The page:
There we went again. The decade 2010–2020 marked the explosion of electric transportation. It lowered the costs of engines and the batteries, finally stable, didn’t explode anymore on contact with air (hugh). On the other hand the massive presence of smartphones has made it “simpler” to handle sensors and other programmable microcontrollers.
During my research, Sebastien, my other neighbor, entered in the move and through his profession of automation engineer he helped me identify and size the component families that might help. A second round with 3 engineering consulting offices had given a first hope of theoretical feasibility. Yes 3 offices because the new specifications required the expertise of champions in three different areas: artisanal era was definitely over. You should know that the offices requested to make me an offer even just an estimate for that level of innovation declined my proposal virtually from the beginning: “Mr. Aramburo it’s too uncertain …”.
Some months later, 3 engines changes, 2 batteries changes, power over-consumption and control problems, motors overheating, referral cage, coils crushed by the rope itself, etc., etc …
ArchéoAria finally saw the light, accompanied by its terrible little sister: a pack 100kilos batteries wired raw, a real electrons bomb that terrified us at every startup.
ArchéoAria vit enfin le jour, accompagnée de sa petite sœur terrible: un pack de 100kilos de batteries câblées à vif, une véritable bombe à électrons qui nous terrifiait lors de chaque mise en service.
When Sebastien succeeds the first back and forth all efforts were swept out at once. We felt alive (see article).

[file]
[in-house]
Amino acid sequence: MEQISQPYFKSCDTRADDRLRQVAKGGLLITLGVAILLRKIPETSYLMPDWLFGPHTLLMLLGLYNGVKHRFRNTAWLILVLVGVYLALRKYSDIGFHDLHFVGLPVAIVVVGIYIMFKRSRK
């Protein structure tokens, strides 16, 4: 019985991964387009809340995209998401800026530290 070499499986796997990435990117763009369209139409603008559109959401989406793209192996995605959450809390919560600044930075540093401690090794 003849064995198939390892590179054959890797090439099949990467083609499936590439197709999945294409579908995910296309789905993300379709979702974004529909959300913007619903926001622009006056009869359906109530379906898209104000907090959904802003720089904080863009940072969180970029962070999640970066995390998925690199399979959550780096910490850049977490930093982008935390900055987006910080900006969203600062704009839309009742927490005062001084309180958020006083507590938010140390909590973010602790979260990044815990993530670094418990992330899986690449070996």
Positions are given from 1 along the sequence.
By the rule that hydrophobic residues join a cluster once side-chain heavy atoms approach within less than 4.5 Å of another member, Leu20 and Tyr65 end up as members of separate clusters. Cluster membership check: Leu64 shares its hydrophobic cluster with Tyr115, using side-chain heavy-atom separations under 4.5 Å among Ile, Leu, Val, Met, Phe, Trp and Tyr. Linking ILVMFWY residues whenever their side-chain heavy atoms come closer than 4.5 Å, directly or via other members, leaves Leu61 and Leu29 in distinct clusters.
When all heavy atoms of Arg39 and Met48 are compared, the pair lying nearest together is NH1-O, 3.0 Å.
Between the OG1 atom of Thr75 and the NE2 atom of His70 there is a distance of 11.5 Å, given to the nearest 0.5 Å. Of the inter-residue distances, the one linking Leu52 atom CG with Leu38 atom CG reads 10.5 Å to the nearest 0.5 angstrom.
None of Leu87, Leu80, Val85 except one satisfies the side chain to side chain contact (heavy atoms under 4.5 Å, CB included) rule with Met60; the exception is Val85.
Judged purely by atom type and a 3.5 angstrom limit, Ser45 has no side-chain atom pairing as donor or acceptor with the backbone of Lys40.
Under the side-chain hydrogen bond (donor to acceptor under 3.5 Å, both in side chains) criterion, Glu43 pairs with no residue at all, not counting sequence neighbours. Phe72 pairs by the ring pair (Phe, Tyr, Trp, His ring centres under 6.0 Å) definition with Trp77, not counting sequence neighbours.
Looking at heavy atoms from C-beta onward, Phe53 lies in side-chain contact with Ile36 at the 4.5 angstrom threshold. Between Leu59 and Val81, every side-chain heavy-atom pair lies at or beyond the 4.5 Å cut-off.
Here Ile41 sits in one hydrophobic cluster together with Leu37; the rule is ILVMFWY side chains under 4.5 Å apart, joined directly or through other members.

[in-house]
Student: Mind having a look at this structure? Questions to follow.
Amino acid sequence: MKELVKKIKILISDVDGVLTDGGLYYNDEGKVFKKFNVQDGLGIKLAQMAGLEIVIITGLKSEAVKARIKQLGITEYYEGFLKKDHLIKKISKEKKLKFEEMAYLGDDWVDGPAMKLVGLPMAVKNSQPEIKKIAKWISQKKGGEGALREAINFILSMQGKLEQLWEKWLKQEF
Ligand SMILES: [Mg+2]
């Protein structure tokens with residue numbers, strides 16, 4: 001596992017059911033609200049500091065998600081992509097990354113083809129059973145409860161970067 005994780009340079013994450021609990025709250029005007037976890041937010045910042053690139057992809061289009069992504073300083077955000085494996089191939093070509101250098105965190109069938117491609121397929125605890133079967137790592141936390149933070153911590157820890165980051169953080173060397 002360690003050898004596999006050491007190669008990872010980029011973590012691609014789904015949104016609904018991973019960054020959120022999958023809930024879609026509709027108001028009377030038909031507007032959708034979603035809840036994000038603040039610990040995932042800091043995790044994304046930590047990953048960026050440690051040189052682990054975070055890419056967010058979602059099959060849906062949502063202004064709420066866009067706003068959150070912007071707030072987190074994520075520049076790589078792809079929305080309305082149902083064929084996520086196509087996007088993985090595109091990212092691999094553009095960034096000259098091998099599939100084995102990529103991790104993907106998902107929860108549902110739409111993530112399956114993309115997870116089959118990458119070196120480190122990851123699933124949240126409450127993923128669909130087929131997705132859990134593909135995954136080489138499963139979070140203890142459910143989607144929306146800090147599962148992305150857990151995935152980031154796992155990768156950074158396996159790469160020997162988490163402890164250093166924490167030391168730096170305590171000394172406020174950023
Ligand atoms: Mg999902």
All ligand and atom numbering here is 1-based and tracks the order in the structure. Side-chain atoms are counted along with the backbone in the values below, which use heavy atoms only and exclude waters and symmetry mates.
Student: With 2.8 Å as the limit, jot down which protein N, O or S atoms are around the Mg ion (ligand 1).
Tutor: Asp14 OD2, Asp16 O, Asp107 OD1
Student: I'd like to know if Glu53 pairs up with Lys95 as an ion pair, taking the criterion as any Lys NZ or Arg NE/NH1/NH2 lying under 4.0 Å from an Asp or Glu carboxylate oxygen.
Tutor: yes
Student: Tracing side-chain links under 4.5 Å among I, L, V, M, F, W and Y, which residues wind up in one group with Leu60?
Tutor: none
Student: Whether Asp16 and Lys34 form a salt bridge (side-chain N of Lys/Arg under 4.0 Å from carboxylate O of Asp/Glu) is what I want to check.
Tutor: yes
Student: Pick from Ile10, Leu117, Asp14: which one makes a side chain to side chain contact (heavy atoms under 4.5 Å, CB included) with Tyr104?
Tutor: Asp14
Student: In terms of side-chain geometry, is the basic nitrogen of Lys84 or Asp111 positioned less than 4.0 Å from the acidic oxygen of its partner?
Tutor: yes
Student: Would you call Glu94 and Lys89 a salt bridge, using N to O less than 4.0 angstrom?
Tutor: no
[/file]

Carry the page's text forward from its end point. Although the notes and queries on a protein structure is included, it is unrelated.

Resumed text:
Towed by the first automated personnel electric cable: Aria, 2015.
Programming, testing, programming, testing, programming, retesting. A program that does not look like much at first but which knelt an electronics firm that yet assembled automated industrial production lines. Why this challenge? Because at the end of the cord which expands in function of the load, which unrolls more or less quicker depending on how it has been rolled, there is also a human, and a human is unpredictable. Unsolved problems such as radio reception, remote control battery, burning contactors, manufacturers who change some “details” from a lot of engines to another … in the end it is the first week with the first customer, Elsium that Aria began to make its days. Sebastien tested the final adjustments and coordinated eradication of remaining bugs in coordination with the engine manufacturers, engineers and controllers themselves. Sebastien was riding, and engineers monitored the machine from France and England in real time via the Internet. It was the last time Aria coughed (in technical jargon we speak of electric oscillation: the engine was doing wowowowowowow). Victory ultimate victory. We were all to the end, -really-.
Some things are still yet to be complete but the heart of the experience is there. The new traction means is now mature and marks the beginning of a new era.
We have some new ideas in our drawers but the history of winches and now of personal cables speaks for itself: initially individual, the development has become collective. Today we must embrace this logic and take it further, which is why we think it is with you all, with your experience with Aria, with what you will dream of that the new page will be written . A page that we will write together.
On behalf of Elysium thanks to all those who I mentioned and to those who contributed directly or indirectly, particularly our women, whose patience was infinite.
Allaman, the 29.10.2015 _ Ernesto Aramburo